Les' father tells Les that the BMW is all his now, and, laughing, tells him to take good care of it. However, Les has changed his mind about getting a BMW, saying he does not need it anymore. Mercedes soon pulls up in a white Volkswagen Golf Cabriolet, while Les says "I already have a Mercedes", he runs over and hops into the Cabriolet. Les then drives off with Mercedes, still without his license, and the credits roll.

Cast[edit]

Reception[edit]

License to Drive grossed $22,433,275 in North America.[1]

Chicago Sun-Times critic Roger Ebert gave the film two and a half out of four stars and described the film as "more-than-passable summer entertainment, especially when it identifies with the yearnings of its young heroes to get behind the wheel." He said the first half of the film was "very funny" but the second half was "much more predictable".[2]

Box office[edit]

The movie was a box office success.[3]

Music[edit]

Track listing[edit]

  1. "Drive My Car" by Breakfast Club – 3:13
  2. "Sweet Surrender" by Brenda K. Starr – 4:50
  3. "I Feel Free" (extended version) by Belinda Carlisle – 6:55
  4. "Time Starts Now" by Boys Club – 4:28
  5. "Get Outta My Dreams, Get into My Car" by Billy Ocean – 5:29
  6. "Crucial" by New Edition – 4:30
  7. "One More Dance" by Jonathan Butler – 4:32
  8. "Jazzy's in the House" by DJ Jazzy Jeff & the Fresh Prince – 2:55
  9. "Touch and Go" by Femme Fatale – 3:57
  10. "Make Some Noise" by Slave Raider – 3:28
  11. "Mercedes Boy" by Pebbles – 3:54 (single remix)

Songs played in the film, but not on the soundtrack

  1. "Rush Hour" by Jane Wiedlin - 4:03
  2. "Strangers in the Night" by Frank Sinatra
  3. "That's Life" by Frank Sinatra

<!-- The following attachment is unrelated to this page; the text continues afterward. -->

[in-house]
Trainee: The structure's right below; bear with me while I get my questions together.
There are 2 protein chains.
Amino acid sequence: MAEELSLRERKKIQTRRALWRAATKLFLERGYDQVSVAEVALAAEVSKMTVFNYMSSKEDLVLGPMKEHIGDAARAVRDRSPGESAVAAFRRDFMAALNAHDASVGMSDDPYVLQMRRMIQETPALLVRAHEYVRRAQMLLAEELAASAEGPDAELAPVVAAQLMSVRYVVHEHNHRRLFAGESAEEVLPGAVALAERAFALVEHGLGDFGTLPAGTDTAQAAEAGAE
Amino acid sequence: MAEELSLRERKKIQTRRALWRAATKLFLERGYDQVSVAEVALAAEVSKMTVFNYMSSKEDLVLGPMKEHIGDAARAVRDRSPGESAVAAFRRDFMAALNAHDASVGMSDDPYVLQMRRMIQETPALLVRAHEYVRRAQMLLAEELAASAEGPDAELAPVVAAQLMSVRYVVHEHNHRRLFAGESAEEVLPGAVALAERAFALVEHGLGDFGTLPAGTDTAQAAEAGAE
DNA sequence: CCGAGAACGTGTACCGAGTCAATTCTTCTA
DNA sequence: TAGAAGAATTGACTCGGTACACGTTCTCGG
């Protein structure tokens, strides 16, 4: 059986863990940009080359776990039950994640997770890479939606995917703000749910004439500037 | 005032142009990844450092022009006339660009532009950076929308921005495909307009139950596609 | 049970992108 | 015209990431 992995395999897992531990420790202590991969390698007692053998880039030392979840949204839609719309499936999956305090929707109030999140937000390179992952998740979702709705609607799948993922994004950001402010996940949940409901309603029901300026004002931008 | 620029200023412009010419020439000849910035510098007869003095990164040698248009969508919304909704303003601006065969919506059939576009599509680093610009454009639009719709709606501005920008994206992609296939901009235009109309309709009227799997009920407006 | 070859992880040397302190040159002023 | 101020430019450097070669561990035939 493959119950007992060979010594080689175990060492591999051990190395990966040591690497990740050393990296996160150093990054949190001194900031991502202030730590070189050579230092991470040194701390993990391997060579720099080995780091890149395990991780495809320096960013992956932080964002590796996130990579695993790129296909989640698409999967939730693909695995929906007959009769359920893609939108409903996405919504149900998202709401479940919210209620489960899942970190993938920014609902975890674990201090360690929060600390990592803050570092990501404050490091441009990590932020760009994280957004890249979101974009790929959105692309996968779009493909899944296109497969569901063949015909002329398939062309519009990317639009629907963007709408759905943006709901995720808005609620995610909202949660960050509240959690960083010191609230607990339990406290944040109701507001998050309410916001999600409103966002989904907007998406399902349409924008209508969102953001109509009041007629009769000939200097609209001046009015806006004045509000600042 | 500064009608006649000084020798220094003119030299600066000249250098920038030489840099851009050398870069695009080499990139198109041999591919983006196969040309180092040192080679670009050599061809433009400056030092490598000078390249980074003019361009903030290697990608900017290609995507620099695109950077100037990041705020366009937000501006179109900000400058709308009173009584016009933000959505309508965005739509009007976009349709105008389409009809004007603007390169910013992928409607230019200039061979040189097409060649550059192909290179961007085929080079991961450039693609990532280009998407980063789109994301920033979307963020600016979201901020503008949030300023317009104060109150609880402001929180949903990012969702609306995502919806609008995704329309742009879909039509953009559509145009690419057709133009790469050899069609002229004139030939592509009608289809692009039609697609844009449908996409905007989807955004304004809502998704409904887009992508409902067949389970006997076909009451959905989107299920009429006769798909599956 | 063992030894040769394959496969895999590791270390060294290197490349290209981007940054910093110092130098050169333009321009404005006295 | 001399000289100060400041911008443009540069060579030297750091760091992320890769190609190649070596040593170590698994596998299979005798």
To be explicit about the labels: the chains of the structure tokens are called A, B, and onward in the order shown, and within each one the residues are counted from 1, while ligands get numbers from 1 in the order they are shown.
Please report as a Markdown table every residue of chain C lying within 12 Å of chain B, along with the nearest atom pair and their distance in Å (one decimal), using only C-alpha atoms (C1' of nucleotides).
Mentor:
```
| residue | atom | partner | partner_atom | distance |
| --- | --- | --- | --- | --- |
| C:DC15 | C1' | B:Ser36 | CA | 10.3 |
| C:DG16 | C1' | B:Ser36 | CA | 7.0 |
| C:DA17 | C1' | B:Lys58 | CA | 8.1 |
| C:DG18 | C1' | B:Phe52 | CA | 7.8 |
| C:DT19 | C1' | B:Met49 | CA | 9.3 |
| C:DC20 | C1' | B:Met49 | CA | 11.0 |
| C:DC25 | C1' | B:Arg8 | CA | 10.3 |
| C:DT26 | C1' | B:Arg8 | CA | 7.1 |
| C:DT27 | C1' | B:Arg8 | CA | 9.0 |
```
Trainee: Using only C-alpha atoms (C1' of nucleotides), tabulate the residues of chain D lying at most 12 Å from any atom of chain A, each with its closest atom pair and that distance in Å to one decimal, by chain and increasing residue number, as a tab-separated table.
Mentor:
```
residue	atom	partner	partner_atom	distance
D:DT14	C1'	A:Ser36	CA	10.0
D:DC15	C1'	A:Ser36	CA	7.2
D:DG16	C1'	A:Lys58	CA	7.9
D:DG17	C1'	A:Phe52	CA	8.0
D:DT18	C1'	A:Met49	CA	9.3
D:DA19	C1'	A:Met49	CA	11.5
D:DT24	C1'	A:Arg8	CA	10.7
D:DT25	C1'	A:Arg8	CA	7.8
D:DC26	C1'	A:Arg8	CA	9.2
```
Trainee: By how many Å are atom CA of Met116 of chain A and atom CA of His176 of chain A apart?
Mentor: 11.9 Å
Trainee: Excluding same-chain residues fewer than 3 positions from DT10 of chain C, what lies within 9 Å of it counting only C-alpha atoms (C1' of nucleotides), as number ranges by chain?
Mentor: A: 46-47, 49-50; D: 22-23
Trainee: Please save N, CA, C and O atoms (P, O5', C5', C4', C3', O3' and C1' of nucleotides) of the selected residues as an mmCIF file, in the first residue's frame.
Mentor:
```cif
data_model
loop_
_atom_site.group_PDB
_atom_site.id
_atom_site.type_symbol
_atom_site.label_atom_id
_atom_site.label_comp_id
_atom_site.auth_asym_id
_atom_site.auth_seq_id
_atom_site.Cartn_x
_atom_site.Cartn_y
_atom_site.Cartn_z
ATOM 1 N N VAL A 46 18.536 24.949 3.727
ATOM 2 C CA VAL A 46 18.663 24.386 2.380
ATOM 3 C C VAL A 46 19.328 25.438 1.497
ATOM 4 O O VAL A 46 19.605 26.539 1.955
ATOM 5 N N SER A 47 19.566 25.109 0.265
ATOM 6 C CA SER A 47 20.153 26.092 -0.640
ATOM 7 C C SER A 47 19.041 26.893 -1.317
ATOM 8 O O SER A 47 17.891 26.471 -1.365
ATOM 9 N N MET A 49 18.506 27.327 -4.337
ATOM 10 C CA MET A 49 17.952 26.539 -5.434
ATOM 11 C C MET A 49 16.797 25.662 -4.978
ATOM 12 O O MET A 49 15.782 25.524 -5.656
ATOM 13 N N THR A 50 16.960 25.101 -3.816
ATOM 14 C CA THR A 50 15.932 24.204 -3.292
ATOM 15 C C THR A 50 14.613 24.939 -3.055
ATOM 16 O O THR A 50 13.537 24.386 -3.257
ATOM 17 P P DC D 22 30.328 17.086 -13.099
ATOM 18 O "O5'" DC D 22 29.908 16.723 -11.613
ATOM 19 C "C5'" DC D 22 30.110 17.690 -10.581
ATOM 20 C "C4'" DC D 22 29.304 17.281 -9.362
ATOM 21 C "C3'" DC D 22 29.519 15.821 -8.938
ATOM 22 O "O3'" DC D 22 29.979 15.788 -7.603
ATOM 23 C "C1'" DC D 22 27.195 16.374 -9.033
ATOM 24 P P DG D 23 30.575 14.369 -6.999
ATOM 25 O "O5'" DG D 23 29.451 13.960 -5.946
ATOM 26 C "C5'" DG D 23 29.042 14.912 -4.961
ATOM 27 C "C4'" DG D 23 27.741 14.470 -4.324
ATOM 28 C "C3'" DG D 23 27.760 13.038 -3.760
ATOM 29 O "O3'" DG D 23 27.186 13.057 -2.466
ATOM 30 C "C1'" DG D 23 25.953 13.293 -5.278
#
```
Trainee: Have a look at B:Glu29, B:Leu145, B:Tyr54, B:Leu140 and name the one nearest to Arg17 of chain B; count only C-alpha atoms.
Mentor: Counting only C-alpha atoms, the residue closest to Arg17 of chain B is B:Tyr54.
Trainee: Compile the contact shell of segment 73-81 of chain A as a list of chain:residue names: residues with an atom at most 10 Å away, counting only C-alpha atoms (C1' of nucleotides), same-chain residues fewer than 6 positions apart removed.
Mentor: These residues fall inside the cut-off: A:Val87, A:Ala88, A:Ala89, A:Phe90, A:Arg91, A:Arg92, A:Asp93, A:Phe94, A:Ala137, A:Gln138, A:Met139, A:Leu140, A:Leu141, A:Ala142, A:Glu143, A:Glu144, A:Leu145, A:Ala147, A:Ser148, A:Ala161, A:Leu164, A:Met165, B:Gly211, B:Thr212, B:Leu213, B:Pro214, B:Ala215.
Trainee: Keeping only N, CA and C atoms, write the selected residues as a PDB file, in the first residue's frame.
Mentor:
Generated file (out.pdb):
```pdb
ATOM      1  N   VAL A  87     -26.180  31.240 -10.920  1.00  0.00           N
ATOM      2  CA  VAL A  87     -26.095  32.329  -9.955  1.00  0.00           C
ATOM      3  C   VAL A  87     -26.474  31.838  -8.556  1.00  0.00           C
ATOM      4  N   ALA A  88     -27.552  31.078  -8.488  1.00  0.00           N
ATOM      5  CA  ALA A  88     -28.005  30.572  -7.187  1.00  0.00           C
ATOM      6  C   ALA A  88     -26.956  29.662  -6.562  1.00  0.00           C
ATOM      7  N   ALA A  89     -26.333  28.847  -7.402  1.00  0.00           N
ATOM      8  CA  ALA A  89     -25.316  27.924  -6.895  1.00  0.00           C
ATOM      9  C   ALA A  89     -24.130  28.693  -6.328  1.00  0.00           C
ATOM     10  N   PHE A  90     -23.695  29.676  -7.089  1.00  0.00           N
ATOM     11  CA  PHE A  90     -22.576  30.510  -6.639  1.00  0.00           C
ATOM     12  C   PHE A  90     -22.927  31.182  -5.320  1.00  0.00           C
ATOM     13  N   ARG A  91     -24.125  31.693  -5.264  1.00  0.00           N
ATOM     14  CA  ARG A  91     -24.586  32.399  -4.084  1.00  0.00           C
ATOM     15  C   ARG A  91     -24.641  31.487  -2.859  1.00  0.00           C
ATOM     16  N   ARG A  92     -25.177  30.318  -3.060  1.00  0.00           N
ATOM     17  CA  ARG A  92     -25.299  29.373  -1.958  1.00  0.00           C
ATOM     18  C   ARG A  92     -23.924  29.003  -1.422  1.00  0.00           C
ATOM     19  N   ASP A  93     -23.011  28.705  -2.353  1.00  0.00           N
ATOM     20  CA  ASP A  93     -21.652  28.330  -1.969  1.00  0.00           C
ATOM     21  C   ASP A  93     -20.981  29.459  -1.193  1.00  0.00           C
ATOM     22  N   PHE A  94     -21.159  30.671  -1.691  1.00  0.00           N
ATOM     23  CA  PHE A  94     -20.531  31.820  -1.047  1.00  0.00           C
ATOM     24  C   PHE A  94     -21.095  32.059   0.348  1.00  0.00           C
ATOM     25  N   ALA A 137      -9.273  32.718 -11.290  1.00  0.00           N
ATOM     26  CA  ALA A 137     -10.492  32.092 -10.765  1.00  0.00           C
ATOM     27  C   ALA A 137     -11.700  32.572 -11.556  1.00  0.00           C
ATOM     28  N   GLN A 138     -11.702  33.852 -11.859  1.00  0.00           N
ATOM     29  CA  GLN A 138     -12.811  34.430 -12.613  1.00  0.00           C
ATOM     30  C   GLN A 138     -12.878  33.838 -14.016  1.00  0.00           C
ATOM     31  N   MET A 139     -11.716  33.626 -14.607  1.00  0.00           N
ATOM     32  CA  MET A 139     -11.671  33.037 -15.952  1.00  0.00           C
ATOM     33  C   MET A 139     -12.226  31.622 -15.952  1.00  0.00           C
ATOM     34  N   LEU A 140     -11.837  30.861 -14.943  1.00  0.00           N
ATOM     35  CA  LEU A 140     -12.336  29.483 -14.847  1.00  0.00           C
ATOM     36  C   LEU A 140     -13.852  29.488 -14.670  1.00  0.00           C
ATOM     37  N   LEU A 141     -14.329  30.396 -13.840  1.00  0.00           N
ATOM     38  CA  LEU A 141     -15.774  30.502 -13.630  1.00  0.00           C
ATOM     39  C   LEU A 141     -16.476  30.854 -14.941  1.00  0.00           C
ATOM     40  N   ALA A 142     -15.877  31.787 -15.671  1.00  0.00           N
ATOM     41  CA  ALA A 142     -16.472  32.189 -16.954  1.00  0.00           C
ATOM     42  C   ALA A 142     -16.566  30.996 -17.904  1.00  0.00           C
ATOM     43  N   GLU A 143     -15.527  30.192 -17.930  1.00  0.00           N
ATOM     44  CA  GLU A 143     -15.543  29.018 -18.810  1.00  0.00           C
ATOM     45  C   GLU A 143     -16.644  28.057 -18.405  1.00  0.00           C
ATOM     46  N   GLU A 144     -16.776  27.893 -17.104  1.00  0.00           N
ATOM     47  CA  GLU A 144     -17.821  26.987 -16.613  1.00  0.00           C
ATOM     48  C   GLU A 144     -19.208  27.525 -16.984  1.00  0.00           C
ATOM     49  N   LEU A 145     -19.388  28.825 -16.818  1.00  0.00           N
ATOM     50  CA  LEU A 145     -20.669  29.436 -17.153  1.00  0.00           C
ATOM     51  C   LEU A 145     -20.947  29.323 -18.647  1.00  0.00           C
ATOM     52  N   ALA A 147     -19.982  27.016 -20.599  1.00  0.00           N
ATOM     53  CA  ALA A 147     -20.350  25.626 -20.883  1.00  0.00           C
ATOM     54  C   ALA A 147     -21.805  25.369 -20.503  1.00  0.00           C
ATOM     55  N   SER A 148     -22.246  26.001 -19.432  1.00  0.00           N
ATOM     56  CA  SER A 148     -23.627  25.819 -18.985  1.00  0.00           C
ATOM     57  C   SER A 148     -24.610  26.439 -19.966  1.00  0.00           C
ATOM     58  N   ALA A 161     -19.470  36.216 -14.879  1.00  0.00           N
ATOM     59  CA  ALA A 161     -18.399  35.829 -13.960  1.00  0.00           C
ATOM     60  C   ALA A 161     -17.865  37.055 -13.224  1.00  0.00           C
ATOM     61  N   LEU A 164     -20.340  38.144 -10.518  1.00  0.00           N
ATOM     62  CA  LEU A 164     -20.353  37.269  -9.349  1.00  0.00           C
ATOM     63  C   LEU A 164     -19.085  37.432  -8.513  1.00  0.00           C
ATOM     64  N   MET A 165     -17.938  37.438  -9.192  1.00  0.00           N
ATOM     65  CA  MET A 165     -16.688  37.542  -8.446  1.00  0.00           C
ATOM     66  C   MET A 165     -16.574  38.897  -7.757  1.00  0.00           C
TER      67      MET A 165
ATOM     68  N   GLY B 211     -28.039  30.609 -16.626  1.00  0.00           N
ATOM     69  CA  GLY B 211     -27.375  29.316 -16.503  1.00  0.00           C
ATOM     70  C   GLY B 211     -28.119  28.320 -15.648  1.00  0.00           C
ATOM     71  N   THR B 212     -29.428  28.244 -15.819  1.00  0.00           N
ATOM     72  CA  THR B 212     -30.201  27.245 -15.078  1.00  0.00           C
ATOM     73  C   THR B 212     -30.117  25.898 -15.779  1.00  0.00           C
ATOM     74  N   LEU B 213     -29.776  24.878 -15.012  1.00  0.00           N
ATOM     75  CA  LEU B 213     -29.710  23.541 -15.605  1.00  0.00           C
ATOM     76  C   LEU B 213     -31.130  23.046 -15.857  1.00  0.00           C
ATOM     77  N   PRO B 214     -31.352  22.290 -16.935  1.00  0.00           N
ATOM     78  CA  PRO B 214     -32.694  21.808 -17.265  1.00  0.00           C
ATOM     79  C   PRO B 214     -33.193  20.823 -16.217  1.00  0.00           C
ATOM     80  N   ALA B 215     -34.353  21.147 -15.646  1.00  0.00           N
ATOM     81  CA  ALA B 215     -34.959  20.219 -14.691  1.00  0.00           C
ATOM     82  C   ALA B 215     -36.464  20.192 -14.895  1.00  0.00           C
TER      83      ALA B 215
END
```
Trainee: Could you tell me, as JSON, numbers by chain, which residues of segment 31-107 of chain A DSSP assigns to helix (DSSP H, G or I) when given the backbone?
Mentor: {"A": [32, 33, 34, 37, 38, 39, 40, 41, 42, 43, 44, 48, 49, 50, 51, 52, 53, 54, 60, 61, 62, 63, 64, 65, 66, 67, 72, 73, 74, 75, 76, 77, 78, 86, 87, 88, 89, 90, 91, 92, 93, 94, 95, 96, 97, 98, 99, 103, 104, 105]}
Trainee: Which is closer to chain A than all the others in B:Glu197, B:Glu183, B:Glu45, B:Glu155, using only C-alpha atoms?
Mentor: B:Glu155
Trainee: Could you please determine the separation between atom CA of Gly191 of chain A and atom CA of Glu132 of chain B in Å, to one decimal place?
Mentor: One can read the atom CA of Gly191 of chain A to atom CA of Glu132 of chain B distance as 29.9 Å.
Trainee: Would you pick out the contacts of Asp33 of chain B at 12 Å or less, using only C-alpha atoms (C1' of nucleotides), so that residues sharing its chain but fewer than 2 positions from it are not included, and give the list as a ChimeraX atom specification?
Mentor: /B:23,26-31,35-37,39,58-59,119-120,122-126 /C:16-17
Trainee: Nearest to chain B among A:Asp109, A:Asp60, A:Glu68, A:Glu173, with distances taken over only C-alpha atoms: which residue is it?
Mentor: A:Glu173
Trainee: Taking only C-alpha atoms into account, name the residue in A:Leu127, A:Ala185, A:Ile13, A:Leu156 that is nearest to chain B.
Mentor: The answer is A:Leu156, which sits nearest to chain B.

4. "Waiting for the Big One" by Femme Fatale

Home media[edit]

License to Drive was first released on VHS by CBS/Fox Video in late 1988. It was notable that some VHS versions of the film replaced the Nia Peeples song "Trouble" with "New Sensation" by INXS.

A special edition DVD was distributed by Anchor Bay Entertainment in the United States on May 3, 2005. Special features included interviews with Corey Haim and Corey Feldman, audio commentary with Greg Beeman and Neil Tolkin, deleted scenes, TV spots, theatrical trailers, and the film's screenplay (DVD-ROM).

On January 17, 2012, Anchor Bay released the film on Blu-ray.

Sequel and trilogy[edit]

In an interview on Larry King Live, on March 10, 2010, the day of Corey Haim's death, Corey Feldman revealed that he and Haim had been developing a sequel, titled License to Fly, an idea initiated by Haim. Feldman also stated that there were tentative plans for a trilogy, with a third installment called License to Dive.[4]

See also[edit]

References[edit]

  1. ^ "License to Drive (1988)". Box Office Mojo. Internet Movie Database. Retrieved March 3, 2011. 
  2. ^ Ebert, Roger (July 6, 1988). "License To Drive review". Chicago Sun-Times. Archived from the original on March 3, 2011. Retrieved March 3, 2011. 
  3. ^ Easton, Nina (July 12, 1988). "WEEKEND BOX OFFICE : Murphy Still Box Office King". Los Angeles Times. 
  4. ^ Wigler, Josh (March 10, 2010). "Corey Feldman Tells Larry King About Corey Haim's Final Days". MTV News (MTV). Archived from the original on March 3, 2011. Retrieved March 3, 2011. 

External links[edit]